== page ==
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In Colombia, unease over sleaze

To attract new investors, Colombia must kick its corruption habit.

Then, there’s the longstanding tradition of paying “commissions” to politicians once contracts are awarded.

One businessman recalled how after winning a $500,000 contract to install refrigeration units in the town of Zipaquira, a bag man for the mayor demanded a 30 percent kickback. The businessman canceled the deal and vowed to never again work in the public sector.

The situation is worse in conflict zones where left-wing guerrillas finance their war through drug trafficking and extortion schemes. In these areas, contractors often come under pressure to pay off politicians as well as the rebels, who threaten to sabotage projects if they don’t receive their cut.

For a long time, such shady deals were viewed as a problem of the provinces but not Bogota, the nation’s capital where voters have elected a string of mayors known for honest, efficient government.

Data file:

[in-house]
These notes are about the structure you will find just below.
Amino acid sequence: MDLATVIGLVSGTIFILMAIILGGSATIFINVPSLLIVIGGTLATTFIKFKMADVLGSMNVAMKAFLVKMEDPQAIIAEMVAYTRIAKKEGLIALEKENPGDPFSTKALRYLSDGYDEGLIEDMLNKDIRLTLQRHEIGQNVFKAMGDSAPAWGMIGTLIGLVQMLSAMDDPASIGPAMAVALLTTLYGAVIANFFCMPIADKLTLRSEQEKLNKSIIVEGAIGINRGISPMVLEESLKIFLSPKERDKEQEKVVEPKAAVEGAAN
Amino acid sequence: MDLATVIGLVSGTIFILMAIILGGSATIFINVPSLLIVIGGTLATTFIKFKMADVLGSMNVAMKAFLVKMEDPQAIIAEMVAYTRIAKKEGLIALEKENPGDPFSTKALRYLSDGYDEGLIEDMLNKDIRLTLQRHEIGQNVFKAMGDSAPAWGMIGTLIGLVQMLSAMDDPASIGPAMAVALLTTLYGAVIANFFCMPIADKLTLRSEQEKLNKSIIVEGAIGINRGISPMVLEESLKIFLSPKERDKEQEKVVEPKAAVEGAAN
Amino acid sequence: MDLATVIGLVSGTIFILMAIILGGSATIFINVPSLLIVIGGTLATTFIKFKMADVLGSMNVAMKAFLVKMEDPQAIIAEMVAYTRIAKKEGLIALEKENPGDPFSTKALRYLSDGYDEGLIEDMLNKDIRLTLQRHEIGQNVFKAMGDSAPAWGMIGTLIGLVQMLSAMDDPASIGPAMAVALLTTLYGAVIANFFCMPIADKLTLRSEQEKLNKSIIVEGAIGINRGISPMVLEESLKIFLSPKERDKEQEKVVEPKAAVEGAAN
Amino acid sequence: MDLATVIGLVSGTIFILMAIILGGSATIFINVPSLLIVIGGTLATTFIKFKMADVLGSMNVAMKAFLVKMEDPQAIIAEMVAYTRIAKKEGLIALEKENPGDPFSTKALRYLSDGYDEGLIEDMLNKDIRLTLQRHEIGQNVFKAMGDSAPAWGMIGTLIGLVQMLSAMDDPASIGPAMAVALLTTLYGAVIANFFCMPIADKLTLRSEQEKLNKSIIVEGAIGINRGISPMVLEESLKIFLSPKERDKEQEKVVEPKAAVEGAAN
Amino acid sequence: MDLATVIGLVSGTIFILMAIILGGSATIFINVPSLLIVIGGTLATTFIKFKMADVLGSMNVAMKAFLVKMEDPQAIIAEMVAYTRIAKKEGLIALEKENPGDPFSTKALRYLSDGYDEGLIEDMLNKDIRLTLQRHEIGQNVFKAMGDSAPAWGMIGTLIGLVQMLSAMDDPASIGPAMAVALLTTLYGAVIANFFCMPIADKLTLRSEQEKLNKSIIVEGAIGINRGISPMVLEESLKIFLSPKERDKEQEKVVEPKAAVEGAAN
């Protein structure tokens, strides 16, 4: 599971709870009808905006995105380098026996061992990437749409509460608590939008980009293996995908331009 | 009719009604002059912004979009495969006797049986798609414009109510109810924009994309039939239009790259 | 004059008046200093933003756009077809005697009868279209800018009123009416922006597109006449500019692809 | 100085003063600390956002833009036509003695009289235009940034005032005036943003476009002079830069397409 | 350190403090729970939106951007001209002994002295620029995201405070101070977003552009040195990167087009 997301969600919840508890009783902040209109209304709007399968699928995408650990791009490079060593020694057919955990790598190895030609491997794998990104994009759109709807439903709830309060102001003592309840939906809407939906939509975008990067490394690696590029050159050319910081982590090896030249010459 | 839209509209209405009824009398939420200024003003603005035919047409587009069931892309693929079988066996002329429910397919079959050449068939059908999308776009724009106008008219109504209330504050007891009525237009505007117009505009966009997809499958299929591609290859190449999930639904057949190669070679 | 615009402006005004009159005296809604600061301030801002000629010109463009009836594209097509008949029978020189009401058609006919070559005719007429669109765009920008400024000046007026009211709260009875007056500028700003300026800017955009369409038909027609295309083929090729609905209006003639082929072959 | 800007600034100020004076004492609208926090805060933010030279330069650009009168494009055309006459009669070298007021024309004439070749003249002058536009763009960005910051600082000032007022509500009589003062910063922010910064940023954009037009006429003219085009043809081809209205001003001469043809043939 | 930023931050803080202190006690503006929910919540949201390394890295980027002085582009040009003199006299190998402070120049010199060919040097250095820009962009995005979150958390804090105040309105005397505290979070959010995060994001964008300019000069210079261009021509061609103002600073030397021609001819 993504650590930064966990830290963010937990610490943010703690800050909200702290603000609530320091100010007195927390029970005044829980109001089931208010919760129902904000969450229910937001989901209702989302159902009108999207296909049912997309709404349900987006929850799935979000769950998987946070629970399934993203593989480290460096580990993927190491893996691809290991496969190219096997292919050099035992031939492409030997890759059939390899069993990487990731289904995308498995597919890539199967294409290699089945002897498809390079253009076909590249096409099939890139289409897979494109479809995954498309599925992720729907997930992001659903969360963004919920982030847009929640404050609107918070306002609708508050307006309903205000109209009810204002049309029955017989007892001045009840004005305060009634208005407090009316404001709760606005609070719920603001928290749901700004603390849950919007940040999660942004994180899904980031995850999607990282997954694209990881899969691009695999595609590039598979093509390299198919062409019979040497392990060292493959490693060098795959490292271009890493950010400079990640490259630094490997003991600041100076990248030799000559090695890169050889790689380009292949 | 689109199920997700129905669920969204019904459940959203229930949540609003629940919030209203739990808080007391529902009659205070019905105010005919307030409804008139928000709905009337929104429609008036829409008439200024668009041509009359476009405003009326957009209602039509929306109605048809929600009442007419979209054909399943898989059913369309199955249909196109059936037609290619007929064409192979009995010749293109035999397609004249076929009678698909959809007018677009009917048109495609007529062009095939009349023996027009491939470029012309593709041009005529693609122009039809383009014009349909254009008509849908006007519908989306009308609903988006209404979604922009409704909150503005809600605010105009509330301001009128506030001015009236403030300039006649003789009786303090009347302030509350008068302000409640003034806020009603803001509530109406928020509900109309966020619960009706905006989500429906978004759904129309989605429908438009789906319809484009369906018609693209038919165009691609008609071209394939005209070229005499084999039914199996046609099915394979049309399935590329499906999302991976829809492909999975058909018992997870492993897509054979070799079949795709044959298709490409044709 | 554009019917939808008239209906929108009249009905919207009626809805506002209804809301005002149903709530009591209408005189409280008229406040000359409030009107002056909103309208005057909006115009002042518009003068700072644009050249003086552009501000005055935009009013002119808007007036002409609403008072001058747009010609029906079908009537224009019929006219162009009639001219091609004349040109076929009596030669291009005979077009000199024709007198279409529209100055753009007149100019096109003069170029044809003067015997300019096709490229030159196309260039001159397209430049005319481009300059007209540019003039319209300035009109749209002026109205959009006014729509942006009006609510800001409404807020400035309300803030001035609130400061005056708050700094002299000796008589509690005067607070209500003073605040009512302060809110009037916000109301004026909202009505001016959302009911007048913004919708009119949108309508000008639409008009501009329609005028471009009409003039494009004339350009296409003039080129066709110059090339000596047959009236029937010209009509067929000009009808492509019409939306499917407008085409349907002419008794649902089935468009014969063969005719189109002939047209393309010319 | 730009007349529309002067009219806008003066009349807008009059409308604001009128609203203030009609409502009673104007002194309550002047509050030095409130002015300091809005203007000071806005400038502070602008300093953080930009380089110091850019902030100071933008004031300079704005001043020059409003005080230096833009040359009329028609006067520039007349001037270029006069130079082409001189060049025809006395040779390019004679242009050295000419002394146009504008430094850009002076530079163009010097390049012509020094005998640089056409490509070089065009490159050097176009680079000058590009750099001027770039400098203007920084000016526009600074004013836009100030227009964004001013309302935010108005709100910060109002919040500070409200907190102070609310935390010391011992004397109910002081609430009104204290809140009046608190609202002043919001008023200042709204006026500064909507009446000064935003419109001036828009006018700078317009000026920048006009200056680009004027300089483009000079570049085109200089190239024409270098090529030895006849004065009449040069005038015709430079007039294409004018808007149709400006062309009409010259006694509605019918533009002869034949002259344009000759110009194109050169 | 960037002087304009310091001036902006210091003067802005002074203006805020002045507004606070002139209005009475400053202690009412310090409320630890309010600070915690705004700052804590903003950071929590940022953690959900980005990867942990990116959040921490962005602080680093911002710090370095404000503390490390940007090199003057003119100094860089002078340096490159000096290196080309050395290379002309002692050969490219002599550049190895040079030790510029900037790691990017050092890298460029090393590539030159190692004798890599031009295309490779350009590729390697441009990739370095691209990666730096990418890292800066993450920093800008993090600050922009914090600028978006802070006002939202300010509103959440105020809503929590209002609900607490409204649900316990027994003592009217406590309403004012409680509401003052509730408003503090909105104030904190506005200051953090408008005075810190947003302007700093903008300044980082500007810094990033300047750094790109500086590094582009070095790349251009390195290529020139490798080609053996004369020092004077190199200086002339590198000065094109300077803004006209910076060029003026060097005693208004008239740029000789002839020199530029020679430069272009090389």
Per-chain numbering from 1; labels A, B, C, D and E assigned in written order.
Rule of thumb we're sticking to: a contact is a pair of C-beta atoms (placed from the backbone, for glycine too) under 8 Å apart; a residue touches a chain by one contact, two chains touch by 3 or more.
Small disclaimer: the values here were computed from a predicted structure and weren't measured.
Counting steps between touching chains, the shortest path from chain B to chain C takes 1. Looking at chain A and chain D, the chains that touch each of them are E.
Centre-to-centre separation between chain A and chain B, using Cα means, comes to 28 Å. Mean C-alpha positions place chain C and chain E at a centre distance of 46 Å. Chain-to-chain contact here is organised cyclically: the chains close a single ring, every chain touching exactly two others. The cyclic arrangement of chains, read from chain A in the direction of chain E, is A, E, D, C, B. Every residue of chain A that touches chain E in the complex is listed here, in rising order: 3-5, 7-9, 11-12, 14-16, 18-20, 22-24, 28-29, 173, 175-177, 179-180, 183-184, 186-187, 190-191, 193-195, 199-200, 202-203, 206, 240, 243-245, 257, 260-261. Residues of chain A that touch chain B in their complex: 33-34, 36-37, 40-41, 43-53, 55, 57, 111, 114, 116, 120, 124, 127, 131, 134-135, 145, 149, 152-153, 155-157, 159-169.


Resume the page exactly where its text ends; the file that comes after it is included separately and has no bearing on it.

But Samuel Moreno, the current Bogota mayor, is facing accusations that his administration demanded kickbacks and favored a small group of contractors who lacked the knowhow and financial muscle to tackle major public works.

One result is that a project to rebuild the highway connecting downtown to the international airport sits semi-paralyzed, making the city’s rush hour traffic jams even worse.

Members of Moreno’s own political party were so disgusted by the sleaze that they held a news conference to denounce the mayor. Moreno — whose job-approval rating has dropped to 25 percent — and 18 other city officials are now being investigated by the Office of the Inspector General, a government watchdog agency.

“If there’s one city hall that has to lead by example it’s Bogota,” said Mauricio Cardenas, a former minister of economic development. “This is a step backward.”

President Juan Manuel Santos is promoting a new anti-corruption bill but it’s met fierce resistance in the Colombian Congress, which is widely viewed as the most crooked branch of the national government.

Lawmakers have refused to even debate the bill and have come up with some head-turning excuses. One senator claimed the president’s proposal would put so many politicians behind bars that the country would dig itself a fiscal hole building new prisons.